Please join us in Moore BO3 on Friday, September 22, 2017, at 4 p.m., as Douglas A. Nitz, Professor of Cognitive Science at University of California, San Diego, presents “Cortical and Hippocampal Encoding of Path Topology.”
Abstract: The subiculum and retrosplenial cortex together form a robust connection between hippocampal representations of position in the environment and posterior parietal cortex representations of position in route space. Our recent work examining the spatial firing properties of neurons within subiculum and retrosplenial cortex indicate that, in different ways, these structures encode conjunctions of spatial information concerning route spaces and their positioning and orientation in the larger environment. Furthermore, novel forms of spatial information encoding emerge in each structure. These forms include 'axis-tuning' and encoding of 'spatial analogies' in subiculum, and, in retrosplenial cortex, the encoding of position within route sub-spaces and distances between all route locations. The former are integrated temporally with the hippocampal CA1 sub-region through 'theta phase precession'. The latter, when considered in the context of retrosplenial encoding of head direction, could, in principle, form the basis for knowledge of overall path geometry. The results of these recent findings will be considered with respect to anatomical pathways that appear to represent the transformation of spatial cognition into action.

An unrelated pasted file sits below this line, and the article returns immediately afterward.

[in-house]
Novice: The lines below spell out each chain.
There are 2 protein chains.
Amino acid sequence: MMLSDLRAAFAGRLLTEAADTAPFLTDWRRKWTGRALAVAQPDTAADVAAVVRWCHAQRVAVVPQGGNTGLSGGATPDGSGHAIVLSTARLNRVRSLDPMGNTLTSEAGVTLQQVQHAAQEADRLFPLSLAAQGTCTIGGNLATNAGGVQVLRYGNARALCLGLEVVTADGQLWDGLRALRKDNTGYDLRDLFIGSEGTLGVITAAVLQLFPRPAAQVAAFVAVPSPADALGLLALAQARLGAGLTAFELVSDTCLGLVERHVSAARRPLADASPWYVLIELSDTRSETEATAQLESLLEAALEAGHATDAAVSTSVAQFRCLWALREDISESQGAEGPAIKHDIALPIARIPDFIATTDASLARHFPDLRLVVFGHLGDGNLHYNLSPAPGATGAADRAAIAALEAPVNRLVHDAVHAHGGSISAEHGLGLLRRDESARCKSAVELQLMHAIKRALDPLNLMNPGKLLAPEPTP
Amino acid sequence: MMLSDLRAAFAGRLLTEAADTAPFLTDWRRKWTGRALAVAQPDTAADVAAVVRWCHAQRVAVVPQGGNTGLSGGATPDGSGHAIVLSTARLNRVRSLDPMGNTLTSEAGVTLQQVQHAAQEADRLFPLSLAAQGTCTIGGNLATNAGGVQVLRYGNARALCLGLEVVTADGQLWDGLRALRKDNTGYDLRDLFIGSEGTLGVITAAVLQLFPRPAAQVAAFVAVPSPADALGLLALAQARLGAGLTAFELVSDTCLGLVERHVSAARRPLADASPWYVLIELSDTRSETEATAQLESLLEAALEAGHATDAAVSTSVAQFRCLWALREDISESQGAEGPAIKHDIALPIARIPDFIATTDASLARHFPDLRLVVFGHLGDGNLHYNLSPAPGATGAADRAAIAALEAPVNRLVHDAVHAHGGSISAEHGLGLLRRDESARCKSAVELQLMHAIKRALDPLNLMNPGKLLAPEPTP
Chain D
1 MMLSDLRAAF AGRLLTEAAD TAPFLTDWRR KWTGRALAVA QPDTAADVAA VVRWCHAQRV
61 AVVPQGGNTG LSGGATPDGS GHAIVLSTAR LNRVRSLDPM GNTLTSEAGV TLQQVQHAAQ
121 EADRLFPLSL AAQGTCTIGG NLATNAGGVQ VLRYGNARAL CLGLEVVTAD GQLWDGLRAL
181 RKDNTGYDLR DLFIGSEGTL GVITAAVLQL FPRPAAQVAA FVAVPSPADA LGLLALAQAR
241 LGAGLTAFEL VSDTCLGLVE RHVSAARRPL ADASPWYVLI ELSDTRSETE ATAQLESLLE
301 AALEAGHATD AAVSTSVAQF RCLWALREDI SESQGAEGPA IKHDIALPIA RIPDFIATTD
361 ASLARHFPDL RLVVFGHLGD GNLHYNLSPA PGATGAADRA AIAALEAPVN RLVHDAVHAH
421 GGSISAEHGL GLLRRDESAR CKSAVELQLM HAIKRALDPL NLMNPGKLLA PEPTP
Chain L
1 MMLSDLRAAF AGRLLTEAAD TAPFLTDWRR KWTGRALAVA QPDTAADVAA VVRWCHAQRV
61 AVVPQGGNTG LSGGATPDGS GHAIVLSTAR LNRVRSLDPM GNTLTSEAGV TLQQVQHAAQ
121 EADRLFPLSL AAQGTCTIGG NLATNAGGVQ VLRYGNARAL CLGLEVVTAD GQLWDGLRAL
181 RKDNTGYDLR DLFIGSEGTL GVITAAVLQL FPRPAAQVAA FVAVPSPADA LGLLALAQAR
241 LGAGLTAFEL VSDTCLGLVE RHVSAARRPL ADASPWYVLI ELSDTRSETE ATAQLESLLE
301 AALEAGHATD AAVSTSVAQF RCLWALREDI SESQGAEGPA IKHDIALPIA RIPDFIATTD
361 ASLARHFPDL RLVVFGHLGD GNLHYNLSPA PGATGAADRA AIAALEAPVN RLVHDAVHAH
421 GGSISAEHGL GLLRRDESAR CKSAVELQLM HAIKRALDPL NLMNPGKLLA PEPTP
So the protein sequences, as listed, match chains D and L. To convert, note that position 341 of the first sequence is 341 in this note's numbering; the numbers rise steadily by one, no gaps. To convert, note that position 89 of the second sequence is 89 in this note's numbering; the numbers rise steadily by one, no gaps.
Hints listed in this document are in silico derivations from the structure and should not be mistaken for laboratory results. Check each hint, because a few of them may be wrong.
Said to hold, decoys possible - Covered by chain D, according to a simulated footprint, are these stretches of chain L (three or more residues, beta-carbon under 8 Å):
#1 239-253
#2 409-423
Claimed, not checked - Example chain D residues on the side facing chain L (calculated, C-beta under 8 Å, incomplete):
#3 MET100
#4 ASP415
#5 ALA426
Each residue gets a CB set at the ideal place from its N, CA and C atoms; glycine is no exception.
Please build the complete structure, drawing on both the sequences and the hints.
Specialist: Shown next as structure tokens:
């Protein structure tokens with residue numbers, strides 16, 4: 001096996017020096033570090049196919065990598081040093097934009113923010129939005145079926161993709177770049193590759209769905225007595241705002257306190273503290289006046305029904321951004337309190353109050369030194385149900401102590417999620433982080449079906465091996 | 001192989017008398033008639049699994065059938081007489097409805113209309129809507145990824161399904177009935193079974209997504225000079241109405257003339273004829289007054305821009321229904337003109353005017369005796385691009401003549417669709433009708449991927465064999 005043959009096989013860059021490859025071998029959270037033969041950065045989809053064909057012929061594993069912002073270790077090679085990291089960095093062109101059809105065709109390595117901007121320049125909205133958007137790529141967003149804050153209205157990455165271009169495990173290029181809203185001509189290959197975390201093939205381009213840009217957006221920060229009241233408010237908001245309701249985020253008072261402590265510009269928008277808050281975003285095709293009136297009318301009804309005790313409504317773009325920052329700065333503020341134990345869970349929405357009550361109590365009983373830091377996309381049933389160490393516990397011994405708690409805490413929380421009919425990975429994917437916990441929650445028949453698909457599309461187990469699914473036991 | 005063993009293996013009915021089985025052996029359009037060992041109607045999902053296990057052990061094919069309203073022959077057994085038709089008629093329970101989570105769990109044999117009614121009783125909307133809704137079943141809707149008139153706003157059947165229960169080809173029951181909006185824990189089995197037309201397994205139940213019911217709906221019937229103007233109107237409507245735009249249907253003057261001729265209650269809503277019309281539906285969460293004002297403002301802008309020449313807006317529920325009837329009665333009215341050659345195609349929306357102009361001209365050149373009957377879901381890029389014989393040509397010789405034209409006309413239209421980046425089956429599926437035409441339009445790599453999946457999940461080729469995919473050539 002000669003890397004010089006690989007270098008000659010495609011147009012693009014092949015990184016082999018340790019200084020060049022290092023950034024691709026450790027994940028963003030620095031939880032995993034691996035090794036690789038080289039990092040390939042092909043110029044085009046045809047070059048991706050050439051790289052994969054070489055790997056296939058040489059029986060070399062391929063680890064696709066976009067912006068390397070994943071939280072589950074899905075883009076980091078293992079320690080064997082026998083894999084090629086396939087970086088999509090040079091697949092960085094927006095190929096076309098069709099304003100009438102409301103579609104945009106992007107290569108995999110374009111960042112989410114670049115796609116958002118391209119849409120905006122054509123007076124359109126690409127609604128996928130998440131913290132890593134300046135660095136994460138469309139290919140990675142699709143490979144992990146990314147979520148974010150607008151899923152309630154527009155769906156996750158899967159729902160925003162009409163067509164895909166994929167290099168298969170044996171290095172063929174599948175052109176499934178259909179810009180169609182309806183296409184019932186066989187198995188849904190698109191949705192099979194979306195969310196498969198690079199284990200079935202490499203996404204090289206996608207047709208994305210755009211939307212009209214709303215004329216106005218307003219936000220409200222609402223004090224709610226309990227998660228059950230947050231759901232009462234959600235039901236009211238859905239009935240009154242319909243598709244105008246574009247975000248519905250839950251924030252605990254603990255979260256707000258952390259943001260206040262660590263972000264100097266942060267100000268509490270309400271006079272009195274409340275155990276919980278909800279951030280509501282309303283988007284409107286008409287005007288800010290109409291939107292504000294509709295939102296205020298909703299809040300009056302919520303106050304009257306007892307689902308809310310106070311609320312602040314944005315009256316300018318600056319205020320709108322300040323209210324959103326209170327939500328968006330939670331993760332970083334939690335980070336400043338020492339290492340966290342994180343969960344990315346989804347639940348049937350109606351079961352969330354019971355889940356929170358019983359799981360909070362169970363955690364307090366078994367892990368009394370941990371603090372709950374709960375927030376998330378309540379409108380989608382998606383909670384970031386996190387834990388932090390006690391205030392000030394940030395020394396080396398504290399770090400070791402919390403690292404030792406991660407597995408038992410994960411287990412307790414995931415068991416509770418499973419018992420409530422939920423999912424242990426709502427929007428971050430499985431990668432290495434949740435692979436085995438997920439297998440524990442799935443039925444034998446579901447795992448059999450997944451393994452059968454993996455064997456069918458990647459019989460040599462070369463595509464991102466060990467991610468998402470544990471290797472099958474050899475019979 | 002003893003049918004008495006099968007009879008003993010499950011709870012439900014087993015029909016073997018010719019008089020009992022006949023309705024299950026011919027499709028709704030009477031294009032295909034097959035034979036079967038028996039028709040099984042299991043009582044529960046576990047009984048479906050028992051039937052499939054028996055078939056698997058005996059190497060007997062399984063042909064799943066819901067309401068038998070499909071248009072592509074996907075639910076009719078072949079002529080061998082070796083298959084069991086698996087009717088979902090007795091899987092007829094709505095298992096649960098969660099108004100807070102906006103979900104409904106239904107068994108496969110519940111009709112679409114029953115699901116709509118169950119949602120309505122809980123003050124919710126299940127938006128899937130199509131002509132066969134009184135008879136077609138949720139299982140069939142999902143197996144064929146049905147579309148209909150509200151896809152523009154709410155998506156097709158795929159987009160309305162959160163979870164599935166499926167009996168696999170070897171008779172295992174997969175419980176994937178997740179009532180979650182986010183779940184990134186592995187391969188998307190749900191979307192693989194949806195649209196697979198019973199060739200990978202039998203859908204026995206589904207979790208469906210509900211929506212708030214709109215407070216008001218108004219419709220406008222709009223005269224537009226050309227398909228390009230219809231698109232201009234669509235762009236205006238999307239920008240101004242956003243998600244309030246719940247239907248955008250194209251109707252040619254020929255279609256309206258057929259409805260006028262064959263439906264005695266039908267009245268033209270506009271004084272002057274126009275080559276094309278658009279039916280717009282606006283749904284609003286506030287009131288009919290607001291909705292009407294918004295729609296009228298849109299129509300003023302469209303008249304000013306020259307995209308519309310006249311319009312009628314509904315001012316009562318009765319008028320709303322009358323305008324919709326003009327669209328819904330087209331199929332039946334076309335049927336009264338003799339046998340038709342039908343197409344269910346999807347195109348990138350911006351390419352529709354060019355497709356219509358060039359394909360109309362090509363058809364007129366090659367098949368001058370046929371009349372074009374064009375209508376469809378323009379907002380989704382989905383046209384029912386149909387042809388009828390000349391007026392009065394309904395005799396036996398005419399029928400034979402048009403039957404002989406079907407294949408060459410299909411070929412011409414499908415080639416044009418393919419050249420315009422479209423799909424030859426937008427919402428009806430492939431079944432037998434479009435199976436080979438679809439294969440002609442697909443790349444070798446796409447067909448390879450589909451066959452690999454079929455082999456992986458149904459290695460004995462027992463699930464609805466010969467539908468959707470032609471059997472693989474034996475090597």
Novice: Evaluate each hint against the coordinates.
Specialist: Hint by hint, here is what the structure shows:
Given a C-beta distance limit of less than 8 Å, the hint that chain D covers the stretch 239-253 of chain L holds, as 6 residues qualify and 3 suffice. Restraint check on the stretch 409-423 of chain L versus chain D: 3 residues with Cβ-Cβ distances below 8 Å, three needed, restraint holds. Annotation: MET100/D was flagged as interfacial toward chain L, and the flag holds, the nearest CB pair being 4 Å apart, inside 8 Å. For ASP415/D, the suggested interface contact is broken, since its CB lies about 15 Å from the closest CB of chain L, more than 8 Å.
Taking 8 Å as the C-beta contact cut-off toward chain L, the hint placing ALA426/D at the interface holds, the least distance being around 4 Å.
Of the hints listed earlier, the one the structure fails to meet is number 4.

A reception will follow outside of Moore 202.